Keep in mind that prepaid cards typically have daily reload and withdrawal limits, and cardholders may run into pre-authorized cost increases at certain service merchants, such as restaurants, car rental agencies and hotels. If anyone chooses to use a prepaid travel card, it’s usually for the fraud protection benefits and travel budgeting. Otherwise, you won’t see the same fee-free benefits you can get with a debit or credit card.

More: 11 Best Credit Cards for International Travel

Traveler’s checks

Traveler’s checks are paper checks of a prepaid fixed amount that work like cash. They’re easily replaced or refunded if you know the unique serial numbers of the checks, and you won’t experience a withdrawal fee or expiration date. However, this method is fairly outdated, and there aren’t many issuers today — mainly largescale banks. You’ll also pay an exchange fee when purchasing a traveler’s check.

Frequently asked questions

How do I exchange currency?

To exchange foreign currency, start by going to your bank or credit union. Ask about their exchange rates, how many currencies they convert, if they offer any rewards and if they have any fee-free debit or credit cards. They’re likely to offer the best exchange rates and, even in some cases, offer the exchange fee-free. Arrange for the pickup or delivery of the cash before leaving on your international trip.

How do I know I’m getting a good exchange rate?

Exchange rates are always changing. To know if you’re getting the best exchange rate possible, you will have to compare rates. Look up the current foreign exchange rates online — at or directly at the Federal Reserve — to determine how much the U.S. dollar is worth at your destination, and ask your bank for their specific currency exchange rates. Compare these rates with other banks, credit unions or online bureaus, and determine which institutions will give you more bang for your buck overseas.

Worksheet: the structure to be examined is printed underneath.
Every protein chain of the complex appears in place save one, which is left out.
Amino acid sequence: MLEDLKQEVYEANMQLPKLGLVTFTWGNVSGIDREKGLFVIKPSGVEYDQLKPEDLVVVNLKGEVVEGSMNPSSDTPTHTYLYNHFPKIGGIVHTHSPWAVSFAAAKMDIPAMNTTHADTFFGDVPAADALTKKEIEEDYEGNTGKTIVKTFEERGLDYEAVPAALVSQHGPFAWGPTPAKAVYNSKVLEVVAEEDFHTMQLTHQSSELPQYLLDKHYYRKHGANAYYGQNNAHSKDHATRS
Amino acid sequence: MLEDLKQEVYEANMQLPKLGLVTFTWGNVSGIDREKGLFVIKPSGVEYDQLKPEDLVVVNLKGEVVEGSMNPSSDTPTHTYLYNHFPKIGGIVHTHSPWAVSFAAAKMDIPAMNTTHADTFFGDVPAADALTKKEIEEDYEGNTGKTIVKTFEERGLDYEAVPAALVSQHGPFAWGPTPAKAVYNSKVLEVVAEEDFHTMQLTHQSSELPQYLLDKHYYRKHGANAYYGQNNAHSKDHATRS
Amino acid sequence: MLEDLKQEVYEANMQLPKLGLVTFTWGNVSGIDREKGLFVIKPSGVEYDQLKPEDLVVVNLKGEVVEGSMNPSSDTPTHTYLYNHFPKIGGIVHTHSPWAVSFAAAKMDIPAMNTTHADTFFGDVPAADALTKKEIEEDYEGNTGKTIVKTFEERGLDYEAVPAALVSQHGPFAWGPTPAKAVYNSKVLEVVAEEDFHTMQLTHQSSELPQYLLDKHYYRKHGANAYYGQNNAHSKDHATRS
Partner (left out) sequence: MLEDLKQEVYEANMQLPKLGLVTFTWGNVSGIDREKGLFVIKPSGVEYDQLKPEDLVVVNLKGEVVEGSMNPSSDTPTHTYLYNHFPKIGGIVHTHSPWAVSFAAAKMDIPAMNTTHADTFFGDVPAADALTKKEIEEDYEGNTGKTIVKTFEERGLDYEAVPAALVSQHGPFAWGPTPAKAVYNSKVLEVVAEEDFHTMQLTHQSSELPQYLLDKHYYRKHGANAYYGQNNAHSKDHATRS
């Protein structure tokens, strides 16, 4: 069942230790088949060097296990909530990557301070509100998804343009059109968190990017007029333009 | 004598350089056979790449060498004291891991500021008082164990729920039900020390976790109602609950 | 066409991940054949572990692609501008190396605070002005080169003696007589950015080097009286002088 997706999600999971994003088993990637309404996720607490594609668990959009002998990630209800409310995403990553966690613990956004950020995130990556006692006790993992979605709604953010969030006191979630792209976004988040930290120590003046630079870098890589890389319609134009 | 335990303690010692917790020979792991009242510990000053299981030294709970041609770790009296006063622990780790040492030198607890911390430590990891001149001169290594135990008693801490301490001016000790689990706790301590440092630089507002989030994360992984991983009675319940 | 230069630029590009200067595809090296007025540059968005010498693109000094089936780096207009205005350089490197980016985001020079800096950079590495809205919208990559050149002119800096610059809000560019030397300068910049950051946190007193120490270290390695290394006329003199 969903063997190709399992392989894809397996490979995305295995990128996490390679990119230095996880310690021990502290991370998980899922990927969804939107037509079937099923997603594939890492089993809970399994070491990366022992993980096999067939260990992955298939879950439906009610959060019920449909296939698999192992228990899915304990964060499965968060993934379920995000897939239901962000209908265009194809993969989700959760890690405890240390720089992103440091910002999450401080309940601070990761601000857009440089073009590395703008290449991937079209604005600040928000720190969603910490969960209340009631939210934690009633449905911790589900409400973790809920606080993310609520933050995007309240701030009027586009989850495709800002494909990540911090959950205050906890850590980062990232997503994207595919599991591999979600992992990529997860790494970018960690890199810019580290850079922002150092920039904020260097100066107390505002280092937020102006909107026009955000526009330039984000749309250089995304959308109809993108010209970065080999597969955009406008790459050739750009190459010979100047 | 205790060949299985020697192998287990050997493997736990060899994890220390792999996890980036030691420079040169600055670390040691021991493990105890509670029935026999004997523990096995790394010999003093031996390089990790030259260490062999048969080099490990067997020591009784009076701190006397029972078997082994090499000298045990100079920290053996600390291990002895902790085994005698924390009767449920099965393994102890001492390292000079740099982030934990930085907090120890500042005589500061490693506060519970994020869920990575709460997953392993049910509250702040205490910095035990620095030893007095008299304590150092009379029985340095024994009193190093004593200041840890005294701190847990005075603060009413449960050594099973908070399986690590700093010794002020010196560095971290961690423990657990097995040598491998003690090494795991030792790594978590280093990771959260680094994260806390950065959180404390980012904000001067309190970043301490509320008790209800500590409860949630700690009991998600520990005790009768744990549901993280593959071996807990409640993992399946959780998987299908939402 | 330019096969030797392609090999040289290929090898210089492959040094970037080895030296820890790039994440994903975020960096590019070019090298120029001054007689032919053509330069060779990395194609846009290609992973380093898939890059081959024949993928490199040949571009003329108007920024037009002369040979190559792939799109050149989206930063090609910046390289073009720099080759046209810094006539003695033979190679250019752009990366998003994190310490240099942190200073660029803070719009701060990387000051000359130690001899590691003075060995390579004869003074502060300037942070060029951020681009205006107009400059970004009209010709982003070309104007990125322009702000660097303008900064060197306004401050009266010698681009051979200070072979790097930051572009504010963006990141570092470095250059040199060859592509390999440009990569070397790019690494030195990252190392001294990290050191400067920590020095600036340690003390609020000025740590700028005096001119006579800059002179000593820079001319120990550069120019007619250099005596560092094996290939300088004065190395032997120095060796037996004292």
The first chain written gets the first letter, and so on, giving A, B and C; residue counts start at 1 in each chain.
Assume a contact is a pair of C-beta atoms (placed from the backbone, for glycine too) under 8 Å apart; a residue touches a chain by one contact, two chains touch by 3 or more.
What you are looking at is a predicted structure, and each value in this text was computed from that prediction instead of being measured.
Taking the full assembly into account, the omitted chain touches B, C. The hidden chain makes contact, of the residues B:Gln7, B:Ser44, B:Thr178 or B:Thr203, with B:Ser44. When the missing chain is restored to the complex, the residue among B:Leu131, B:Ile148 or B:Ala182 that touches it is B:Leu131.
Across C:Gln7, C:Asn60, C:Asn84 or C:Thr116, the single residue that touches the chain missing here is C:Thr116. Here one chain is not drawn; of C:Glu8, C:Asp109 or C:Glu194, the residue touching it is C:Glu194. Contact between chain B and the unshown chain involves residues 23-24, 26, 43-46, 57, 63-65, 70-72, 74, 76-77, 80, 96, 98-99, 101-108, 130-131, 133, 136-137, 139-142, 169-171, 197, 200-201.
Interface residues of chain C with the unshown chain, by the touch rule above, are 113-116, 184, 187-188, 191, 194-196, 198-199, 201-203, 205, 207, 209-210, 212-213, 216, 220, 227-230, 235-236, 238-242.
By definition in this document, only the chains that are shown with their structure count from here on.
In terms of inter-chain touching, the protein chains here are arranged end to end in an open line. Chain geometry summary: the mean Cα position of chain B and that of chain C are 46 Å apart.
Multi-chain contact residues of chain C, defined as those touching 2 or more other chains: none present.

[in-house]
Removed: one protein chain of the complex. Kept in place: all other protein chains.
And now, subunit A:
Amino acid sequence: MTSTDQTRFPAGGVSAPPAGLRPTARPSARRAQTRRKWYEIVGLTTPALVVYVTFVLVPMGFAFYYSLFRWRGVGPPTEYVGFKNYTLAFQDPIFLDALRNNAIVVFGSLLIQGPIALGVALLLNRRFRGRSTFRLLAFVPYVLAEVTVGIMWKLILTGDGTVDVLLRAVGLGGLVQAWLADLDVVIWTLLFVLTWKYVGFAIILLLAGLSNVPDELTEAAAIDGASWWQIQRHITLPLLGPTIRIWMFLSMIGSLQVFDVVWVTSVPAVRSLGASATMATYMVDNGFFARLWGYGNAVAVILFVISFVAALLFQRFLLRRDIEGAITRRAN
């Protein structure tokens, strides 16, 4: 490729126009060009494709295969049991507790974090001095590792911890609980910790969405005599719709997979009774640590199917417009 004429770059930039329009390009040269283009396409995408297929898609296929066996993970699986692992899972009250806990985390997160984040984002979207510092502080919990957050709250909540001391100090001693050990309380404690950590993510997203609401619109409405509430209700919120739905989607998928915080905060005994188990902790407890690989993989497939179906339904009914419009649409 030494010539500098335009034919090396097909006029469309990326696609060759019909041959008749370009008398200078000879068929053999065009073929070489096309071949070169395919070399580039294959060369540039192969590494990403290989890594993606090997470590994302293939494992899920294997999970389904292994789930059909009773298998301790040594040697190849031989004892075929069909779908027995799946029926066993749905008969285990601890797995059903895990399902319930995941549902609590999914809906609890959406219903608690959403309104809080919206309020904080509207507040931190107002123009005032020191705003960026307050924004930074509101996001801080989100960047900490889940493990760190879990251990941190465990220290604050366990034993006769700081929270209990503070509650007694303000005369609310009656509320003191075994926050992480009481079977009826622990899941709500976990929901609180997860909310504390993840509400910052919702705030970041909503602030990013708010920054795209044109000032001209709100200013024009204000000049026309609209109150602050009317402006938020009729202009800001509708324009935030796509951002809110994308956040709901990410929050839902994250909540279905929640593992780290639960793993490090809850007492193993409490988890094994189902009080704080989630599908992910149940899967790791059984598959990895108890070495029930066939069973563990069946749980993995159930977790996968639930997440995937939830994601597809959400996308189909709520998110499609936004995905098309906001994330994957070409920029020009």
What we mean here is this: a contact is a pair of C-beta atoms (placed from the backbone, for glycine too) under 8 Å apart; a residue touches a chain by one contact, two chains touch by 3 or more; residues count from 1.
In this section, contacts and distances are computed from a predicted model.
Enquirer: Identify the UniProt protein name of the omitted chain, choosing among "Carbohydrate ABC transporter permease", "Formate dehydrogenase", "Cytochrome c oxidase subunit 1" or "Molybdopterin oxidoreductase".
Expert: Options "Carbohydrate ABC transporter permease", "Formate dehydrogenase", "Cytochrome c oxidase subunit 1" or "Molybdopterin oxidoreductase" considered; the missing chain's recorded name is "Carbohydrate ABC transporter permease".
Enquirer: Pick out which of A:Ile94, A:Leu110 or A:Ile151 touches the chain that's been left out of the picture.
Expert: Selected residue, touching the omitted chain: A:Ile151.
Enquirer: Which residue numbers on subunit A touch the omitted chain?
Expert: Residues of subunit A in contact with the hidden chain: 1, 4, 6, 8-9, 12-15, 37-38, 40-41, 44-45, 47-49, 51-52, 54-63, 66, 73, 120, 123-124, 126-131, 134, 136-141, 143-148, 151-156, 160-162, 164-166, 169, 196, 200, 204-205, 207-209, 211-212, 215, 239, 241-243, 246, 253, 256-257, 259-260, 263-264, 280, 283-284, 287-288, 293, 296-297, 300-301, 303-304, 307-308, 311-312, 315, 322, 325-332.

Do banks do currency exchange?

Yes. Many banks and credit unions exchange currency for their customers. It may cost a small fee, but it will likely be the best exchange rate you can get.

What can you do with old foreign currency?

In many cases, banks and credit unions will convert any leftover foreign paper currency back to U.S. dollars for their customers when you return home. You may see a less favorable rate than you paid for the currency initially, but at least it’s not going unused.

How can I avoid transaction fees?

Read the fine print on your debit or credit cards and choose ones that are fee-free. Make sure your bank has a large foreign ATM footprint and will reimburse any foreign ATM fees you may accrue. Lastly, even when given the option to pay in U.S. dollars, always pay in the local currency. You will get the best rate and avoid extra fees this way.